It’s National Breastfeeding week and I decided to tell you all why I breastfeed. Are you ready for the answer?
Because I’m lazy. There I said it. I can’t be bothered to faff around with bottles and formula. I can’t be bothered to get out of bed at 1 am , 3am , 6am. I’m skint. Breast milk is free. I have to carry enough stuff around with me, let alone lugging bottles. I love my body. I love my baby’s body. I want to loose weight. I’m really forgetful and the thought of remembering to pack milk or buying formula scares me. Breastfed baby poop doesn’t smell. The list goes on and on and on.
I do not bash mothers who bottle feed. That’s their choice. If their baby is happy who cares? I even put my oldest onto formula after a few months, I was angry then and I think I did hate myself and others for it at the time, but I grew up. BUT formula feeding; it’s just not what I want to do. I trust my body to work and do it’s job. Why would I want to make my hectic life even more complicated? I have baby brain and I forget everything. I can’t forget my boobs if they are attached to me, can I?
My milk is always available for my baby. It is always at the right temperature, and my body tailors my milk (daily) to baby’s age, and makes any bug busting immunities that may need developing and is always on tap; think of boobs as a river rather than a warehouse. We also co-sleep (sharing a room or bed with your baby) which means I rarely miss out on any sleep. If my baby needs a drink, I simple pop her out of her cot into our bed, latch her on and we both go back to sleep within seconds, she will then stay in our bed until morning feeding when she wishes too. Co-sleeping is great for not loosing sleep, keeping your milk supply strong and even reducing the risk of Sudden Infant Death Syndrome, due to your baby regulating their breathing with yours. There are a few simple co-sleeping advisories which can be found here, to ensure that you are co-sleeping as safely as possible.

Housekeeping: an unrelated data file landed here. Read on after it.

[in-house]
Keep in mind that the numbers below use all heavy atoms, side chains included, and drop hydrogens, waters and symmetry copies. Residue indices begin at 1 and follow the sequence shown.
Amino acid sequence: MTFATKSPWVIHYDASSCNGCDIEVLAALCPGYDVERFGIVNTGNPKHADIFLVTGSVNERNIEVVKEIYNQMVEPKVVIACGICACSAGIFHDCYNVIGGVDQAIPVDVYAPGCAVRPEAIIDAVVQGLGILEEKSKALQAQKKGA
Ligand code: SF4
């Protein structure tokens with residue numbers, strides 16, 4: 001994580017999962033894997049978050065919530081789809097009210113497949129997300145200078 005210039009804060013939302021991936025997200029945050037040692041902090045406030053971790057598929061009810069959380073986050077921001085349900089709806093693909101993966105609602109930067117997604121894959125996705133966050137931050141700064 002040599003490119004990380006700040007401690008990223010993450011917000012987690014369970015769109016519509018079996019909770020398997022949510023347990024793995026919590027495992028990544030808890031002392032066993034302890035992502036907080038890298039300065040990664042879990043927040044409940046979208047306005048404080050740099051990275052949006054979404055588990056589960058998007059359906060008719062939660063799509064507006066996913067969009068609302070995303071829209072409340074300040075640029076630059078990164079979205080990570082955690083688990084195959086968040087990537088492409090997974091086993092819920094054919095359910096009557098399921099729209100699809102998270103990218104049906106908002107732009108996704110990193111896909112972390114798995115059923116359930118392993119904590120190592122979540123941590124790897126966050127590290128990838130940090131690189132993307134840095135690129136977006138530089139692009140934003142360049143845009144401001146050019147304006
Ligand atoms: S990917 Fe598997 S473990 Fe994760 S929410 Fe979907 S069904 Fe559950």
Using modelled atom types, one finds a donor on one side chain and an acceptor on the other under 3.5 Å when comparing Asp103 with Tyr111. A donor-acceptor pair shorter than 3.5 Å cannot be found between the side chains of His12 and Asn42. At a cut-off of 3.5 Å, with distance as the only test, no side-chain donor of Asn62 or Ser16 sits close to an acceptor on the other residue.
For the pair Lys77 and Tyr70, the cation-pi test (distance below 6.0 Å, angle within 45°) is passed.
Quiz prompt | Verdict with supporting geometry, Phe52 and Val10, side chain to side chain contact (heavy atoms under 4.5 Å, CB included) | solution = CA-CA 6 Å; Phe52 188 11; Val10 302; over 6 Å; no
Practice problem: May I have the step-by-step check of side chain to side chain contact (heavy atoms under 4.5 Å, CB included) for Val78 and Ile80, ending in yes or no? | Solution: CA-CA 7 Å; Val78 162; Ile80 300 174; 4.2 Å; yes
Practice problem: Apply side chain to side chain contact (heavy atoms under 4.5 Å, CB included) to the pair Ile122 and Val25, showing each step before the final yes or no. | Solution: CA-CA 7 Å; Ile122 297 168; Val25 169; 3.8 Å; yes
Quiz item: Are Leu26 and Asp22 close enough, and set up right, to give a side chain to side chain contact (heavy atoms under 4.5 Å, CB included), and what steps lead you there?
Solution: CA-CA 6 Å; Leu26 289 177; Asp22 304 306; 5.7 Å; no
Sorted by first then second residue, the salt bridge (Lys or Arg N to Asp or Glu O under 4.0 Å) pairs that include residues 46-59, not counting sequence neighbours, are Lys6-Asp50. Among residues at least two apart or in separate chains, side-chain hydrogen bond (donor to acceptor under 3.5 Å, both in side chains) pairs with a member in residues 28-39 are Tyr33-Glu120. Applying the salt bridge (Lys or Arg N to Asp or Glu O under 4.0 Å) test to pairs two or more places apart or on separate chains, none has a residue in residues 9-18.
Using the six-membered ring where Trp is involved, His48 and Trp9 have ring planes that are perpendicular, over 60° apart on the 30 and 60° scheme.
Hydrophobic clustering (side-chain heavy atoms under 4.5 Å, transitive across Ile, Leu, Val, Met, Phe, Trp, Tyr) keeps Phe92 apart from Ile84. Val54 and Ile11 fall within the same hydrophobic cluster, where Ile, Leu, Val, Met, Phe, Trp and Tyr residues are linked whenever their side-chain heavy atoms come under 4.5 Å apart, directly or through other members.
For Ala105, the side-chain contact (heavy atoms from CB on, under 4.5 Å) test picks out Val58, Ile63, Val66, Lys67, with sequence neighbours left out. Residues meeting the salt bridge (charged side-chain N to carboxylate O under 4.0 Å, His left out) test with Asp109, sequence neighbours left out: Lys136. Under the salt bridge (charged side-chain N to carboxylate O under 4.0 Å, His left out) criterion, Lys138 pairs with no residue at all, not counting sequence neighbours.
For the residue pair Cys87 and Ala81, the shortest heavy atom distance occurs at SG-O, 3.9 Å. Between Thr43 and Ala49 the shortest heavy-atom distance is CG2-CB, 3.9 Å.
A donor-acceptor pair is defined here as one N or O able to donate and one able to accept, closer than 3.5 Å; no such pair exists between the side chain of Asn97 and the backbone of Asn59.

Other than the amazing ‘laziness factor’, breastfeeding has some incredible health benefits too. Early days of feeding help the uterus contract back to its pre-pregnancy size quicker, and due to the huge amount of calories it takes to make breast milk (around 500 per day), many new mums find that their baby weight vanishes quicker and is easier to loose. Studies have also shown that mums who breastfed for longer are significantly less likely to develop breast and ovarian cancers- although breastfeeding for any length of time is beneficial to your health. Newborn breastfed babies have the immediate benefits from receiving colostrum (first milk) as it is full of antibodies, helps clear out your baby’s meconium (the sticky tar like poop that builds up in your baby and is their first few poops after birth) and is full of white blood cells that fight bacteria and diseases. Babies who are fed for 6 months or longer are statistically less likely to develop Type 1 and 2 diabetes, diarrhoea and vomiting, chest and ear infections, Gastroenteritis, Sudden Infant Death Syndrome, and respiratory illnesses including Asthma. Visit the NHS Website here for more information.
And there you have it. That’s why I breastfeed. I don’t know when I will stop feeding Ivy, probably when she is ready and chooses too and I am perfectly fine with that!
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